Halloween is right around the corner, so today’s blog post is taking an ominous turn.
Informal Reader Poll: What’s scarier?
a) A horror movie that’s been remade three times
b) Having to remake a client’s will for the third time
Now to the fun stuff…..
There’s a general principle in law and public policy that no advantage may be gained from one’s own wrongdoing. Some relevant examples are:
- The Slayer rule that prohibits inheritance by a person who murders someone from whom he or she stands to inherit
- Son of Sam laws that are designed to keep criminals from profiting from the publicity of their crimes
- Most frighteningly, the latin maxims of commodum ex injuria sua non habere debet and nullus commodum capers potest de injuria sua propria
Is it just me, or do these sound like potential titles for a scary movie?
How about this…The twist at the end is that the masked murderer is also the residuary beneficiary of the victim’s estate. The sequel will write itself.
One of the leading cases in Canada on this topic is Dhingra v. Dhingra, 2012 ONCA 261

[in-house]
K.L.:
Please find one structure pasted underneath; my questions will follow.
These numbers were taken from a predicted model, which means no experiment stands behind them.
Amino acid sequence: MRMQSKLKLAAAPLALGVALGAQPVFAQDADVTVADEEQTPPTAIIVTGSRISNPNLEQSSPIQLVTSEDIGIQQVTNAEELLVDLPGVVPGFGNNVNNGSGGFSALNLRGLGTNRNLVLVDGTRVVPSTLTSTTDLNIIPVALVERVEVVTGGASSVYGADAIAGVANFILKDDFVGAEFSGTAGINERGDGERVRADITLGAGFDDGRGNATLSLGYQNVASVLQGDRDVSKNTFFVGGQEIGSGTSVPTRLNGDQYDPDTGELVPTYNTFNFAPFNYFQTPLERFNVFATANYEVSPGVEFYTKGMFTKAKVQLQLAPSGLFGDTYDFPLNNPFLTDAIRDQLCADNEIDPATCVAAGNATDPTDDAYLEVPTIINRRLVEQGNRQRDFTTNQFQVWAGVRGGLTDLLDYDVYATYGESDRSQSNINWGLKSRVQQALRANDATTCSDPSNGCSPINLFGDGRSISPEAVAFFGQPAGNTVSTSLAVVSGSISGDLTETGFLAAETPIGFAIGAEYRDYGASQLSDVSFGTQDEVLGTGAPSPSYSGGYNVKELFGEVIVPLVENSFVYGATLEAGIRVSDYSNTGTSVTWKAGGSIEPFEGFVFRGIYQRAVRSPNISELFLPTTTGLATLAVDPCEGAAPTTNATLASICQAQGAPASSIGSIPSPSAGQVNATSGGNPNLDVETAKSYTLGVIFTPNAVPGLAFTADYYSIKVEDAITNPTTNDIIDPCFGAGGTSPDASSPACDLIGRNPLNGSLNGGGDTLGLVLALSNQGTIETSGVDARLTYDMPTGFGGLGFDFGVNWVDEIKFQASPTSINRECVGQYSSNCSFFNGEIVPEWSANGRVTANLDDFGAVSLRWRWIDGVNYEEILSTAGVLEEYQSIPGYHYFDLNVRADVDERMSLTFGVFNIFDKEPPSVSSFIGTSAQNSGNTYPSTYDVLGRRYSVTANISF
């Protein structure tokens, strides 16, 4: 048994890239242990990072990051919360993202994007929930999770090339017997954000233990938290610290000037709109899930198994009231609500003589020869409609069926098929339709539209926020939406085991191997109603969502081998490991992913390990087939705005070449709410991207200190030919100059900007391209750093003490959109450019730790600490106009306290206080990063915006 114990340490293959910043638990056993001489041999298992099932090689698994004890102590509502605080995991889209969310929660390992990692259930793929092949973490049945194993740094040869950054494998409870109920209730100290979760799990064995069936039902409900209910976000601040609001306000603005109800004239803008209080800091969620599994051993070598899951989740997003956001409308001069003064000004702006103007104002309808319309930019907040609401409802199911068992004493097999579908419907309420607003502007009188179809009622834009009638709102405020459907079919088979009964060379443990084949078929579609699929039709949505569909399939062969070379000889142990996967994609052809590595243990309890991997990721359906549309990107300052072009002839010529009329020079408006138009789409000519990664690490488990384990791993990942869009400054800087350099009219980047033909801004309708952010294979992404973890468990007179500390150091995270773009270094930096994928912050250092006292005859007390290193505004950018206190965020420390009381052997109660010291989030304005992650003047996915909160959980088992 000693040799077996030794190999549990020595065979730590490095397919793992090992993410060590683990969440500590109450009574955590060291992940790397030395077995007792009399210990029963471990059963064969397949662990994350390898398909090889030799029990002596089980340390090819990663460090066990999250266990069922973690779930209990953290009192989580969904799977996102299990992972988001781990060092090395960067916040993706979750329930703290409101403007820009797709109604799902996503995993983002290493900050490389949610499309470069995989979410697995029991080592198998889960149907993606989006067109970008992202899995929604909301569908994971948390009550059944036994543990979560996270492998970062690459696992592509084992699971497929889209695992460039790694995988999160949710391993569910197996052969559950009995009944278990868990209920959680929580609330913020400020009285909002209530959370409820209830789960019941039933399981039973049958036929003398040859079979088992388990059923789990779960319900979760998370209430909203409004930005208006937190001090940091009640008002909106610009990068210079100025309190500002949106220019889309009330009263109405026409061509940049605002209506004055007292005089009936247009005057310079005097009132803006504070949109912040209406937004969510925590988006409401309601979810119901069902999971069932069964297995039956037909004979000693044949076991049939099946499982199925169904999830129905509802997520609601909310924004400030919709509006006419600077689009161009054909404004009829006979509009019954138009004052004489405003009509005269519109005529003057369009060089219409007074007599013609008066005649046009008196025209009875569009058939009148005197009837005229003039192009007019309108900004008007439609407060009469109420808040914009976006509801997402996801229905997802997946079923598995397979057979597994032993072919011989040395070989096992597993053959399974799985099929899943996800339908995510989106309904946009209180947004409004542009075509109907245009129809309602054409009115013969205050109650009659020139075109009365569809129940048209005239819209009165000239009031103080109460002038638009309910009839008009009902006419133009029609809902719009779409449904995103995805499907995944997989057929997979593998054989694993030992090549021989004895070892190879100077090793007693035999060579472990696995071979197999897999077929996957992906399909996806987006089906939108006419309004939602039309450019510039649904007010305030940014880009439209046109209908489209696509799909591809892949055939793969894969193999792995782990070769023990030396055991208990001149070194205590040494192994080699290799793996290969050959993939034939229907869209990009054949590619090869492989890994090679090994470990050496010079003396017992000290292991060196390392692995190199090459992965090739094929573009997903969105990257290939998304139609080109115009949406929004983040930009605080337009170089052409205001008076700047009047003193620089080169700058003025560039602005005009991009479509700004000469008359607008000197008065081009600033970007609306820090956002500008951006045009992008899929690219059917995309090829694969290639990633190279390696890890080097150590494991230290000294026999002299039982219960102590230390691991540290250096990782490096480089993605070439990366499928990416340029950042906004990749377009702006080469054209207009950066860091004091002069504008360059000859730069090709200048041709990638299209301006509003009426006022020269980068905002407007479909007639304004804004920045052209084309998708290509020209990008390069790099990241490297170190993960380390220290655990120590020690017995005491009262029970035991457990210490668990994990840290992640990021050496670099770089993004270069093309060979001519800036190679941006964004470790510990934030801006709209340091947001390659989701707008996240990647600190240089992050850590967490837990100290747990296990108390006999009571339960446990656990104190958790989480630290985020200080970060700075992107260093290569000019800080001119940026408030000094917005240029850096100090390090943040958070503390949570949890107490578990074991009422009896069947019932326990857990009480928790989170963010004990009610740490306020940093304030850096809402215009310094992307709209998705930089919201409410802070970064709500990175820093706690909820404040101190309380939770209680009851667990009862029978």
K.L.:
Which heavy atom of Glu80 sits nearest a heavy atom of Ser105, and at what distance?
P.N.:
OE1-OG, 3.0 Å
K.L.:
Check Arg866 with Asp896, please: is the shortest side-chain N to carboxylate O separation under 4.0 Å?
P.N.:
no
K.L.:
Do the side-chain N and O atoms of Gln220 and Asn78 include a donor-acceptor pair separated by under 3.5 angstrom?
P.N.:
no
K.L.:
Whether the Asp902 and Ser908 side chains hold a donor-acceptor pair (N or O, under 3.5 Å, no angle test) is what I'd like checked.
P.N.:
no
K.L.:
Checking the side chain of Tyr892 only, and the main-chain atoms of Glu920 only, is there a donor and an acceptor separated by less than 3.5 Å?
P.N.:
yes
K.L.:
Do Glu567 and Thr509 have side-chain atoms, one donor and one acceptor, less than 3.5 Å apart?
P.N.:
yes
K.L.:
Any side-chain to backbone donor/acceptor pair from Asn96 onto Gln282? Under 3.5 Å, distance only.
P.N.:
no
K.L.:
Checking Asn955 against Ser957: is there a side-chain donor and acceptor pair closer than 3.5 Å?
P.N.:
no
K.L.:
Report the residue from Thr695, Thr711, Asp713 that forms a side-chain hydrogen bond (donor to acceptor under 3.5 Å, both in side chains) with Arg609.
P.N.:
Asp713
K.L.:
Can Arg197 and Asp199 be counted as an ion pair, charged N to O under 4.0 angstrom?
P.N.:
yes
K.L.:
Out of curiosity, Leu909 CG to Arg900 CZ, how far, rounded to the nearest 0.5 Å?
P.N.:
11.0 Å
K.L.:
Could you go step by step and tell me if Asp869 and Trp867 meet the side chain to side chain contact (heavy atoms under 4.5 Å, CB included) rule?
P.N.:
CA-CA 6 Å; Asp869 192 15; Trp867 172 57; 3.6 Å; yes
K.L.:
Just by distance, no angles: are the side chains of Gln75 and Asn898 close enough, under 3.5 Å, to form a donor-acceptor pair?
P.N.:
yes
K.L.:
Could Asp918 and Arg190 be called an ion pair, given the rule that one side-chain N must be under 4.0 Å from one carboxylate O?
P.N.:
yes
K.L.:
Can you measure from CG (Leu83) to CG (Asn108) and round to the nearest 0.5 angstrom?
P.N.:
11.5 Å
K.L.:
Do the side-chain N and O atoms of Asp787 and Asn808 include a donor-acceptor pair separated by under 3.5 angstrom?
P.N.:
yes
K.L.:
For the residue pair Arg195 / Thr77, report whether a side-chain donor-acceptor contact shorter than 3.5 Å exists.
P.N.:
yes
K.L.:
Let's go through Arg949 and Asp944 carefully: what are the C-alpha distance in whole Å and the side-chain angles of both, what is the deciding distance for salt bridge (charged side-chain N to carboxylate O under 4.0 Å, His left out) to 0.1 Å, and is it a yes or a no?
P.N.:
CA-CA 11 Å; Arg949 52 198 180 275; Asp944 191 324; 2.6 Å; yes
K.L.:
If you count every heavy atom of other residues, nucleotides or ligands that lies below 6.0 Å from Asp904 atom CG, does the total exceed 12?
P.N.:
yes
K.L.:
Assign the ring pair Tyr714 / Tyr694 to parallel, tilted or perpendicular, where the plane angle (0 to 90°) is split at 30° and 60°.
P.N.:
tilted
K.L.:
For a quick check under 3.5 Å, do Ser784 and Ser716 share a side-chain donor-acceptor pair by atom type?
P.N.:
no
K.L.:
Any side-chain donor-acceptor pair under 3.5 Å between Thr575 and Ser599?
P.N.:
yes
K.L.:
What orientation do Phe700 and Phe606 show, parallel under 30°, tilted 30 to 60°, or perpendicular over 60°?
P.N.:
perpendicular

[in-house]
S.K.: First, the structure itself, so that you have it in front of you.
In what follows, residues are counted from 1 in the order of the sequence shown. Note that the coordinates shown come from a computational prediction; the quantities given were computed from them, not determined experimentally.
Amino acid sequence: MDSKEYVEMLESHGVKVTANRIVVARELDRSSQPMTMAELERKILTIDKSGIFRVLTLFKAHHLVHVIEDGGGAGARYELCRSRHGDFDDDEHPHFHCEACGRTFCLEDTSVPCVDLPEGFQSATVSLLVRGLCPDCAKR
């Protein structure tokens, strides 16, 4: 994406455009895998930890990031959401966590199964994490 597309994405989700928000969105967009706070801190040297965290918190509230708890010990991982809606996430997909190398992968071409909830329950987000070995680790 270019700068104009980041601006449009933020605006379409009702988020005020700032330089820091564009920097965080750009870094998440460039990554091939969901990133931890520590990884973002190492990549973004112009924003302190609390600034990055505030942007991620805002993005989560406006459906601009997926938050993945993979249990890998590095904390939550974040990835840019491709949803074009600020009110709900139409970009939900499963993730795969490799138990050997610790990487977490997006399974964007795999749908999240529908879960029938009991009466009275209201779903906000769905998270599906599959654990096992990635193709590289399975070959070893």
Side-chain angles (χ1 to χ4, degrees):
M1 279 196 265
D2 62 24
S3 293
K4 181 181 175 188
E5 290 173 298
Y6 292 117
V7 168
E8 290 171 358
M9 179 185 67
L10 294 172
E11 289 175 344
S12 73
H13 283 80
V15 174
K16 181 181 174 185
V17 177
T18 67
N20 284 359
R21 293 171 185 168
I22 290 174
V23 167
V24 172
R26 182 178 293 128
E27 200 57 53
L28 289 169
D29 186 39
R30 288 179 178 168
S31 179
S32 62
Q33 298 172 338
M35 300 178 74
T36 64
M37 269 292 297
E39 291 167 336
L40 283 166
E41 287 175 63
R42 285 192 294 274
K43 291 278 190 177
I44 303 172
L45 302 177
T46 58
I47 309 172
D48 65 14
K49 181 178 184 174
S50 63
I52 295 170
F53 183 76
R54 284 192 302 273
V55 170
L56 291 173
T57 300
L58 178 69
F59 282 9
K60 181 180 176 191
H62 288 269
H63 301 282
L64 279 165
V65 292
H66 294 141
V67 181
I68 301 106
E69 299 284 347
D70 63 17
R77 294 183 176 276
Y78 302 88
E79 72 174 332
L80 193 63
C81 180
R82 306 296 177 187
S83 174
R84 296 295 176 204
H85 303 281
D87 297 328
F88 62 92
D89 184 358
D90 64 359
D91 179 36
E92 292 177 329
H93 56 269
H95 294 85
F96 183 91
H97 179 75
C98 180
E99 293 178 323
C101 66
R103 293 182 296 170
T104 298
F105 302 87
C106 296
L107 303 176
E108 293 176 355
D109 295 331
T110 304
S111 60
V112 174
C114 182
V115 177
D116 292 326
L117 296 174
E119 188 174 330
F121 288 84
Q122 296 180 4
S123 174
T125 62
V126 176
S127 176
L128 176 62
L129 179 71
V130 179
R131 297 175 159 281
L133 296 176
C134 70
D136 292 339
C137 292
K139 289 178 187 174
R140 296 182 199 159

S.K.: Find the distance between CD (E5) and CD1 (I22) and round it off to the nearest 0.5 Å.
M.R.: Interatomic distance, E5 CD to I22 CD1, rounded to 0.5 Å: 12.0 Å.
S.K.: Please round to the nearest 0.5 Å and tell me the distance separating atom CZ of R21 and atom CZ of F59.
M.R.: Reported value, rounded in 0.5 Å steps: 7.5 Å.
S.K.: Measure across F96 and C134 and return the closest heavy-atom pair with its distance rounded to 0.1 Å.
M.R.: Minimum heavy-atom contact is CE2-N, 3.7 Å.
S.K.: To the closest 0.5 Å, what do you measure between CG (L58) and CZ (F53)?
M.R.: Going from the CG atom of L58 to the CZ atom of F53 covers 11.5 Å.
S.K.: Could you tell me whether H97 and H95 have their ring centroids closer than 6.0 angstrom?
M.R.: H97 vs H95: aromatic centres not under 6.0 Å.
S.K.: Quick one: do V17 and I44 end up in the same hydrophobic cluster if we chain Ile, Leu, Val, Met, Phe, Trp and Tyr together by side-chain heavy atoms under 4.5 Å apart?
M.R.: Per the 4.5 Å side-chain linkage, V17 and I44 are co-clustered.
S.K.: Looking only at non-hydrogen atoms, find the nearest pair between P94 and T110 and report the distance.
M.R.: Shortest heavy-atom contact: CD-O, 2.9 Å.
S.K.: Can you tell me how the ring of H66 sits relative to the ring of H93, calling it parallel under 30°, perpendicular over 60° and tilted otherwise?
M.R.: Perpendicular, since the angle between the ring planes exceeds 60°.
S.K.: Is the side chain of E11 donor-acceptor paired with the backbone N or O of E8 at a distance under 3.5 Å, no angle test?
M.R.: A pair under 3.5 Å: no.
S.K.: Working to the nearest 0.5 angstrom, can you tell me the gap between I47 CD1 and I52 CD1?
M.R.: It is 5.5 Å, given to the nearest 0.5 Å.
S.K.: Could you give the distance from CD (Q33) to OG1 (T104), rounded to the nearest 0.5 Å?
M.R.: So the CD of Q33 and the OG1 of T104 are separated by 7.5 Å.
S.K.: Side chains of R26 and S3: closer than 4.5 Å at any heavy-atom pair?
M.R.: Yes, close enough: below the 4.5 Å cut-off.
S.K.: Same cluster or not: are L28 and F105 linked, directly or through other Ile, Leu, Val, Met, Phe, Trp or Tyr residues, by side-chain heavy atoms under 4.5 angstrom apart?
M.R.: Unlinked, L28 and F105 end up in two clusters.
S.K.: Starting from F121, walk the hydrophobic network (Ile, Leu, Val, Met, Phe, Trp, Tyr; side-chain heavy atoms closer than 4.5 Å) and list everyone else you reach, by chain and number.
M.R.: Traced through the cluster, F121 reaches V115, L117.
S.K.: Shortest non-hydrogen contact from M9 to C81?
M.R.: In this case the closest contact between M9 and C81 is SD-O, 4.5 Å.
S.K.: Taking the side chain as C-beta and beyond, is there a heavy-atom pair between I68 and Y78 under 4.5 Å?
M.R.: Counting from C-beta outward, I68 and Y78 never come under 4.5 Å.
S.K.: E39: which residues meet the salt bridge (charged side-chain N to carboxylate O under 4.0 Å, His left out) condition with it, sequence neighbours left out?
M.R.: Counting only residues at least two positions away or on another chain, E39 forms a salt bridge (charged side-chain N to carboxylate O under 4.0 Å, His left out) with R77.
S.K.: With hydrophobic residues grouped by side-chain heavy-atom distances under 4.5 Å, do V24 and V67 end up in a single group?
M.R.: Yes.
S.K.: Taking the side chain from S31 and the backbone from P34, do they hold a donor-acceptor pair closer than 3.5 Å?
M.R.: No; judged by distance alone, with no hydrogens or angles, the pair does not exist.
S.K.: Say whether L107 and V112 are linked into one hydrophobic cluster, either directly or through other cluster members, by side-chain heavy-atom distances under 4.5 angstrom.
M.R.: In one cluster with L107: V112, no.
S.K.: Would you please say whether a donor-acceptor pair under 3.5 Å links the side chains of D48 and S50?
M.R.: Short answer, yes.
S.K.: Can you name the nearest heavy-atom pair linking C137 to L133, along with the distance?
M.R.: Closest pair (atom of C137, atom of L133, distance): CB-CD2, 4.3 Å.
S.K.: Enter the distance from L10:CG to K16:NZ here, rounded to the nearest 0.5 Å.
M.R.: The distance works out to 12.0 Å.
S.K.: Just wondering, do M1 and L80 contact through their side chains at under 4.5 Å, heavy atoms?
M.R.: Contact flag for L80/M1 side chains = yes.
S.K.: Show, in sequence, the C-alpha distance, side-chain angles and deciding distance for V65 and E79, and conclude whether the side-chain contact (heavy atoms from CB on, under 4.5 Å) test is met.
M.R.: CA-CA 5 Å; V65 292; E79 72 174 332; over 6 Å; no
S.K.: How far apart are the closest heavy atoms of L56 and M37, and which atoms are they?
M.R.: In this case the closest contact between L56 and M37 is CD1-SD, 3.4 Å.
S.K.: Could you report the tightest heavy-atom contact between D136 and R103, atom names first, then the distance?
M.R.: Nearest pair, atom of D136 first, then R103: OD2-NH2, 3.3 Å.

The background of this case is that the applicant was charged with the second degree murder of his wife. He was also the beneficiary of her life insurance policy. At the criminal trial, he was found not criminally responsible on account of mental disorder. The question before the Court of Appeal was whether the public policy rule that prohibits a person from benefiting from his own criminal act would apply.
The Court of Appeal held that if a person found not criminally responsible on account of mental disorder is not “morally responsible” for his or her act, there is no rationale for applying the rule of public policy.
To end off this post, I’d like to get back to my earlier tangent on scary movies. The Halloween movie franchise is making a return with a direct sequel to the first film made in 1978. I don’t think you should see it. Waiting 40 years for a horror show seems to be something estate practitioners are already familiar with.